How To Win The Battle Of Marriage: 4 Tools In The Kitchen

Get the basics down – a good sense of humor and a commitment to communicate and be vulnerable is key.  Be flexible. Get help from people who understand your life.  Never stop asking questions and doing research online.  Make the hard decisions.  Always ask your doctor about other things in the household.

We live in a world that is awash with romantic and sexual metaphors. A lot of us have been taught to think about “love” in the familiar terms of romantic commitment – love at first sight (aka first time), falling in love and marriage, and the ever-appealing idea that two people feel an intimate bond that defines them for the rest of their lives. But love is not a binary process. The fact is that love and commitment are both experiences:  They are multifaceted and they involve a spectrum of emotions. As you can imagine, this is complicated in our culture, in which we value romantic relationship – which often means marriage – but we frequently have unrealistic expectations of the kind of relationships that produce meaningful, long-lasting love.

These myths also reflect a reality of women’s lives in a society dominated by gender stereotypes of the kind that encourage women to be sexually subservient to men and sexually passive; of young women being pressured to have sex at school for “good grades”; of women having to work hard to have a relationship. This myth also ignores the powerful role of culture in shaping our sexual expectations, and how, as a society, we have been conditioned to assume “good” is synonymous with “sexually desirable.”

It is not only romantic love that we need to think about – there is also social and cultural love.  All of us deserve love from each other.  All of us are capable of loving others.  We can all find fulfillment in making our partners happy, by being responsive to their needs and feelings, by giving them what they need in a healthy way, and most importantly by being kind.  These are the things that keep relationships alive.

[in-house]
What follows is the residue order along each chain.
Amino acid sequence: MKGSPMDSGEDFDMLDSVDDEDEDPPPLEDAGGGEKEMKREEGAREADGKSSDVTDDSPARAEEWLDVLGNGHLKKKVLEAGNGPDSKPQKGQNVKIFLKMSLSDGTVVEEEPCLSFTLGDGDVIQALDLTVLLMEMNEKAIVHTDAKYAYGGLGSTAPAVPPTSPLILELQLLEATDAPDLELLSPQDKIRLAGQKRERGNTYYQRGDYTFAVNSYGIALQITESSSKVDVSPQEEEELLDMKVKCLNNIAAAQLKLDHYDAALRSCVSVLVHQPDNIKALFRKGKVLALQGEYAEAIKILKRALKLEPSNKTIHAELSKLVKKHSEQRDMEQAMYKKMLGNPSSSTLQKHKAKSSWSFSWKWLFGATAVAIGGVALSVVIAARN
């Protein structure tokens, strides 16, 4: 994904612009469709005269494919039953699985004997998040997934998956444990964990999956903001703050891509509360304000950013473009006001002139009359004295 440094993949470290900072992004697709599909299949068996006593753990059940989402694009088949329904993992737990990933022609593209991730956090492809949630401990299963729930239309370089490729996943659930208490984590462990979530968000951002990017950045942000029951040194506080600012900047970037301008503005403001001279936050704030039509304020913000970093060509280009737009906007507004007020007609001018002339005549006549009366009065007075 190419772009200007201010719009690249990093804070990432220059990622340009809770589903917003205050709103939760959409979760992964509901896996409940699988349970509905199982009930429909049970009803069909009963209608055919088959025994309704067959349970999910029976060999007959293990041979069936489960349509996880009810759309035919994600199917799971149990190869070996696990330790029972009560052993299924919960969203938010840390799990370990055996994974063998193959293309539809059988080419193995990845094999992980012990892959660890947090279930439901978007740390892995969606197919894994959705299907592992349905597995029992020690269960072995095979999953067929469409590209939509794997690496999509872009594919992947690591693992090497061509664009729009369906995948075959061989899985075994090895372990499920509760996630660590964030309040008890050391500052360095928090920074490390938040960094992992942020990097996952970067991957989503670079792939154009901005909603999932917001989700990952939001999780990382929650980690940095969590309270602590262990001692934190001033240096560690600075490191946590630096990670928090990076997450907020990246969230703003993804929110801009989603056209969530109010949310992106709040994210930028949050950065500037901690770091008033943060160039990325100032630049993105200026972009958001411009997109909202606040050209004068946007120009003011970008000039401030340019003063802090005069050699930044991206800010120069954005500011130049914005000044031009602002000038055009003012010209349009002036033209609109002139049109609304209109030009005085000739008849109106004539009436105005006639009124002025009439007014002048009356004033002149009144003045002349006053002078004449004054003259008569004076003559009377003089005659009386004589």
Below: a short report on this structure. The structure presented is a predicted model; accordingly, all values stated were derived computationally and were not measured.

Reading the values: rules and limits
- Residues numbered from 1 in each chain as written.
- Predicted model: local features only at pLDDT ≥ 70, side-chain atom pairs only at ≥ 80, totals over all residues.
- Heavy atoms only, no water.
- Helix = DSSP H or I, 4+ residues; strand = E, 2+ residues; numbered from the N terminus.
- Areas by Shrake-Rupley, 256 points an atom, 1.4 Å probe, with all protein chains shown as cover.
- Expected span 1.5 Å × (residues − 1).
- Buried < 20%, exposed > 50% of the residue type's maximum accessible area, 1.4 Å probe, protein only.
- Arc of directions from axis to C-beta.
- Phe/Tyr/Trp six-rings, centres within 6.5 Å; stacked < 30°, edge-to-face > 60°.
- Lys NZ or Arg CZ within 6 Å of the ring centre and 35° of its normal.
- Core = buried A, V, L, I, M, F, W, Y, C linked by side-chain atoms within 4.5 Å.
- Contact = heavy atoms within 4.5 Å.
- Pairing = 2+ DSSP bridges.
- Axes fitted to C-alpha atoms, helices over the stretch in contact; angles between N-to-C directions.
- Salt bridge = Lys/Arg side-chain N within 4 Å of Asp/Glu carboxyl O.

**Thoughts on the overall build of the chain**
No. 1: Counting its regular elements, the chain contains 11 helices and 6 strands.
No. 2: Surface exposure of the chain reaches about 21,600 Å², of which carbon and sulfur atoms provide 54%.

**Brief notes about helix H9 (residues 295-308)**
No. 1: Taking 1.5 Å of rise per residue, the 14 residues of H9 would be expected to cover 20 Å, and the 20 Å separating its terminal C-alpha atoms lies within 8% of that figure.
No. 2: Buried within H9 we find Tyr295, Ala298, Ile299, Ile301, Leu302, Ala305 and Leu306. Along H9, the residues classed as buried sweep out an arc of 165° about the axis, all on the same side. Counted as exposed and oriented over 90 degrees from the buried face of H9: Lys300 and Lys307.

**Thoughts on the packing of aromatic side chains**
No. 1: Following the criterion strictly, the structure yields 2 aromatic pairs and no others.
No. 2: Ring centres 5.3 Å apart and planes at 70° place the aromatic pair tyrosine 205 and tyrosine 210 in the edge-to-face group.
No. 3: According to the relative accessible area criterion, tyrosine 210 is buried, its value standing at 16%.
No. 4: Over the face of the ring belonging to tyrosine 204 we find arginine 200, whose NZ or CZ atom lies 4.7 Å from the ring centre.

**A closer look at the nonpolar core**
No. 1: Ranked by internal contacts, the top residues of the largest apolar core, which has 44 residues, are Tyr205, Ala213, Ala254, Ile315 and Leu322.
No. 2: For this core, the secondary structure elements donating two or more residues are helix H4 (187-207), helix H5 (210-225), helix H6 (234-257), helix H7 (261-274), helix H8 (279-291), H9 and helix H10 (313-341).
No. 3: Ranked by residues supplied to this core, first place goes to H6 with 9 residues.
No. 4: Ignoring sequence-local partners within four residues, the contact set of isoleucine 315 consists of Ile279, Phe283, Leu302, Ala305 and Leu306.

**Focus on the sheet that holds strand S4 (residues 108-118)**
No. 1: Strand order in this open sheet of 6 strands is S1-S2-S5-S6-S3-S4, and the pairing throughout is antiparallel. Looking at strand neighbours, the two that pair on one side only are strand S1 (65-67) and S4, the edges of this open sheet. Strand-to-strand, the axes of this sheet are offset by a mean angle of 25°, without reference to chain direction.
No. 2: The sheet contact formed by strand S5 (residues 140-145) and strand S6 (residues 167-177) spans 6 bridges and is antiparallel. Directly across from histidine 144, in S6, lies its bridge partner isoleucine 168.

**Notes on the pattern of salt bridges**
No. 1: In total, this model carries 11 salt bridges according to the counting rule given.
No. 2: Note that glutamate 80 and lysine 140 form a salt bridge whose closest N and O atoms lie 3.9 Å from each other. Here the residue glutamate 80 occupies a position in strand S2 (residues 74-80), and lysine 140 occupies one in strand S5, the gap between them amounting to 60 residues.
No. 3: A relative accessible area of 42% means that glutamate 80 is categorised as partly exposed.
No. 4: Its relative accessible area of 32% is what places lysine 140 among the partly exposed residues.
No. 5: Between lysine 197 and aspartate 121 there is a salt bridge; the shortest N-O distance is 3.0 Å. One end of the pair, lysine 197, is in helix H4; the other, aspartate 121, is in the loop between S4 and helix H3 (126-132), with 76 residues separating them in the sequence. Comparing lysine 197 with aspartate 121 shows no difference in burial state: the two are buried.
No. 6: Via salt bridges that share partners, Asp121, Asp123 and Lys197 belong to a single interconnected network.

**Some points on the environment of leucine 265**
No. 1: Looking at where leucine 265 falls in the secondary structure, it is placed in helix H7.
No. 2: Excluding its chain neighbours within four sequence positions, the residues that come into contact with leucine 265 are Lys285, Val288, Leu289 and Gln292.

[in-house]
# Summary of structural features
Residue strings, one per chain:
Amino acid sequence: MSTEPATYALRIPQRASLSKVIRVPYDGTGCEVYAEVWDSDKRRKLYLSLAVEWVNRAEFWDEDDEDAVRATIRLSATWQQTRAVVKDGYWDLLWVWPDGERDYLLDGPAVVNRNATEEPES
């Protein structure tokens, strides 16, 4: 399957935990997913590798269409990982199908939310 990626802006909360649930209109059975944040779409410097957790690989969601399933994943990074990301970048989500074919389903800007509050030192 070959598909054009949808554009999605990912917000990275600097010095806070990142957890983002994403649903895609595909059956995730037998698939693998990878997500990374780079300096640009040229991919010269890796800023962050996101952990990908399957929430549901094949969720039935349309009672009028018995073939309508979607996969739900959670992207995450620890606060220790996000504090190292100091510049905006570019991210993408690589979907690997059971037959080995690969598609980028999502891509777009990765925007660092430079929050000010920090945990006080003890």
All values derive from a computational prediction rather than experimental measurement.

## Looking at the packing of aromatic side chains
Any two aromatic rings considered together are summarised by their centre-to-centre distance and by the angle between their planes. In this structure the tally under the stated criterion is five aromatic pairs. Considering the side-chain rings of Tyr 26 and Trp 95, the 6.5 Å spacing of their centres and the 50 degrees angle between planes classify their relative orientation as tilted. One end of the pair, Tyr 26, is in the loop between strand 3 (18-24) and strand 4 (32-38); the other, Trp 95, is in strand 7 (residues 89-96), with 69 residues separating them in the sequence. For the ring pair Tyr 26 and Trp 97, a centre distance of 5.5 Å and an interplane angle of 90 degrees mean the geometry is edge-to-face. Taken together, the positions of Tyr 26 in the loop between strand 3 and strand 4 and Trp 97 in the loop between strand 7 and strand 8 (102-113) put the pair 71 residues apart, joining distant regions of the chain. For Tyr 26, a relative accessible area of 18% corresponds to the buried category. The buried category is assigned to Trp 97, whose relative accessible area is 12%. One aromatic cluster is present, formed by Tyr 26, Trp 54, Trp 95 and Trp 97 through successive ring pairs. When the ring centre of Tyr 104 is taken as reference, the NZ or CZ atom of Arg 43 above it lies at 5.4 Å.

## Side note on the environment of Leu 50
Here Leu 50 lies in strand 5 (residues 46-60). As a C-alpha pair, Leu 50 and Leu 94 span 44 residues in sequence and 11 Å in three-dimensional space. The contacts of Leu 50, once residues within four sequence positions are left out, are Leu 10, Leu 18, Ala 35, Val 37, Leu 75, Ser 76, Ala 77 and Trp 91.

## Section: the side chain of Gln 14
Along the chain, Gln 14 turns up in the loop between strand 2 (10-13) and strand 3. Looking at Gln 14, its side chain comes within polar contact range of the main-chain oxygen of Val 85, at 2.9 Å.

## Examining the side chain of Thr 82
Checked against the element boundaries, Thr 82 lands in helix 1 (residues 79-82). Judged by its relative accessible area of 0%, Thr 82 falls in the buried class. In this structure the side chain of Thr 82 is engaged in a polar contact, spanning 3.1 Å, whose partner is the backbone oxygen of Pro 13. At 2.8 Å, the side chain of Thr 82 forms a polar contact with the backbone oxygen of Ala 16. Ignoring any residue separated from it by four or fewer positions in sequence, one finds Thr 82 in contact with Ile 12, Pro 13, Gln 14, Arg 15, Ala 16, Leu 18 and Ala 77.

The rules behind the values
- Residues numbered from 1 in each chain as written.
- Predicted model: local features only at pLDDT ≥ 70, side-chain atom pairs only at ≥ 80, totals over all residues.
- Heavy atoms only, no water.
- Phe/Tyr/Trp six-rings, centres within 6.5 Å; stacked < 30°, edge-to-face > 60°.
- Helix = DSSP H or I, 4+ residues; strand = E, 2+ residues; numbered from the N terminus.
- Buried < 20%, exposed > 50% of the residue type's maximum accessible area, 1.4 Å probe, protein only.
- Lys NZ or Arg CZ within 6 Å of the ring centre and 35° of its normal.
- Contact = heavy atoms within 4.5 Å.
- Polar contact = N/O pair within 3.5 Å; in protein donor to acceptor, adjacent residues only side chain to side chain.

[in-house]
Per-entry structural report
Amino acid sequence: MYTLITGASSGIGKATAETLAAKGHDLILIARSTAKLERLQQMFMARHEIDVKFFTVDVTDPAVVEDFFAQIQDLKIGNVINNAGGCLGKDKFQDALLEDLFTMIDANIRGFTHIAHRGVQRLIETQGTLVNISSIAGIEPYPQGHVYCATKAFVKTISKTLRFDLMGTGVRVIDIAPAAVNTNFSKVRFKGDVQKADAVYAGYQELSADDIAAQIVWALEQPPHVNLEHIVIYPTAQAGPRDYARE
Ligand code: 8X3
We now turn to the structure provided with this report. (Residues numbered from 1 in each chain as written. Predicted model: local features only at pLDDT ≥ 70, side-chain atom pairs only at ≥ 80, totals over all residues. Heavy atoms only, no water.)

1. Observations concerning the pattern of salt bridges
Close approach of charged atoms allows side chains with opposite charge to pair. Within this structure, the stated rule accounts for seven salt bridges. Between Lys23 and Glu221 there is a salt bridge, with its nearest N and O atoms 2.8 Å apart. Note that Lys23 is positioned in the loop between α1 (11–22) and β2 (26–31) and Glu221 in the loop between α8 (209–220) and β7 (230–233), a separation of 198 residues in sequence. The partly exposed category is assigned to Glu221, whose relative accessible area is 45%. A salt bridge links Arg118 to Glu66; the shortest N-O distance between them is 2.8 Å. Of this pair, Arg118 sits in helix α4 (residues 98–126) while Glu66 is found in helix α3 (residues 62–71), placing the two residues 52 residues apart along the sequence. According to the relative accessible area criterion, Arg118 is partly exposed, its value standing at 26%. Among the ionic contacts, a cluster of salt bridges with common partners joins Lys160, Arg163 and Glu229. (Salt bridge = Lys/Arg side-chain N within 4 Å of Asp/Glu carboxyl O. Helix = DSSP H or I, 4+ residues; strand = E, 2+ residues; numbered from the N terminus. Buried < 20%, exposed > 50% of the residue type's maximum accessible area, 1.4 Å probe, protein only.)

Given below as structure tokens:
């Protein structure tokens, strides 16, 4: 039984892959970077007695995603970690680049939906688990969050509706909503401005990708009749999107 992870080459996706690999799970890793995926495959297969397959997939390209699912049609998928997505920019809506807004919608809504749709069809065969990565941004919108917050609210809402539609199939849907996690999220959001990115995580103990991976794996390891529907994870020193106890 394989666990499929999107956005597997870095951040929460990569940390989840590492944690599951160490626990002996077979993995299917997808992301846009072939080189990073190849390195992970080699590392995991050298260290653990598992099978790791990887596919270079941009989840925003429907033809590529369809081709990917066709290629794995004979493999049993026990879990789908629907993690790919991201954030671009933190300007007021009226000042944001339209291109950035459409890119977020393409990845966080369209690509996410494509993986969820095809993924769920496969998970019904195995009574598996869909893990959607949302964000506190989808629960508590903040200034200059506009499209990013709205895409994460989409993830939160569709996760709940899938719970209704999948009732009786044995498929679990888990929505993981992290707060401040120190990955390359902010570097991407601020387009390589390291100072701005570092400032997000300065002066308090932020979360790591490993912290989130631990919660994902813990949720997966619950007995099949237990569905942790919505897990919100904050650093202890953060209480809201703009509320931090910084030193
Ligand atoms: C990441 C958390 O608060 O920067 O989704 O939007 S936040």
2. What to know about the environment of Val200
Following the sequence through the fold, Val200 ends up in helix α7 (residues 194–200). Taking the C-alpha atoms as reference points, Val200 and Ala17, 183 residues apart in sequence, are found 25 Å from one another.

The following are some of my tips for finding love and fulfilling relationships, based on my own experience and a wealth of research from women and their partners who have been there before me.

1. Have a sense of what love is and is not.

Love is an experience, and an experience is shaped by your interpretation of what good love actually is.  Do you love the person so much that your relationship is impossible without them?  Do your partners love you so much that you cannot imagine living without them?  Do you love them so much that your mind can’t imagine anything better?  If you haven’t figured it out yet, it’s probably because you didn’t pay enough attention to what love is all about beforehand.  Love comes in many flavors – “tangible” love, emotional and spiritual love, and mental love.  There is no one-size-fits-all definition of the best sort of love.

2. Realize that love has many dimensions.

“Love is not about getting what you want (and want you need)” (Harlow, 1989).  A good relationship is a mutual exchange of needs, and most people find different needs satisfying under different circumstances.  So there will be an overlap between your needs and the needs of those around you.  Sometimes you need to be with someone to feel good about yourself; sometimes you need to be with someone because you want them to be happy; other times, your needs will coincide with those of family.  And sometimes you need and crave someone in order to keep from being alone in the world.

Love isn’t a box you tick, it’s a living, breathing thing.  You’re not a box!  You’re just a bunch of parts.  And when you have parts that are working well together, then you’ll find that you don’t have to struggle too much to have a really good relationship.  But if we assume a box is a thing we can put together and then put away and expect things to just automatically work out, then we do tend to get a bit stuck in the “box” model of relationships.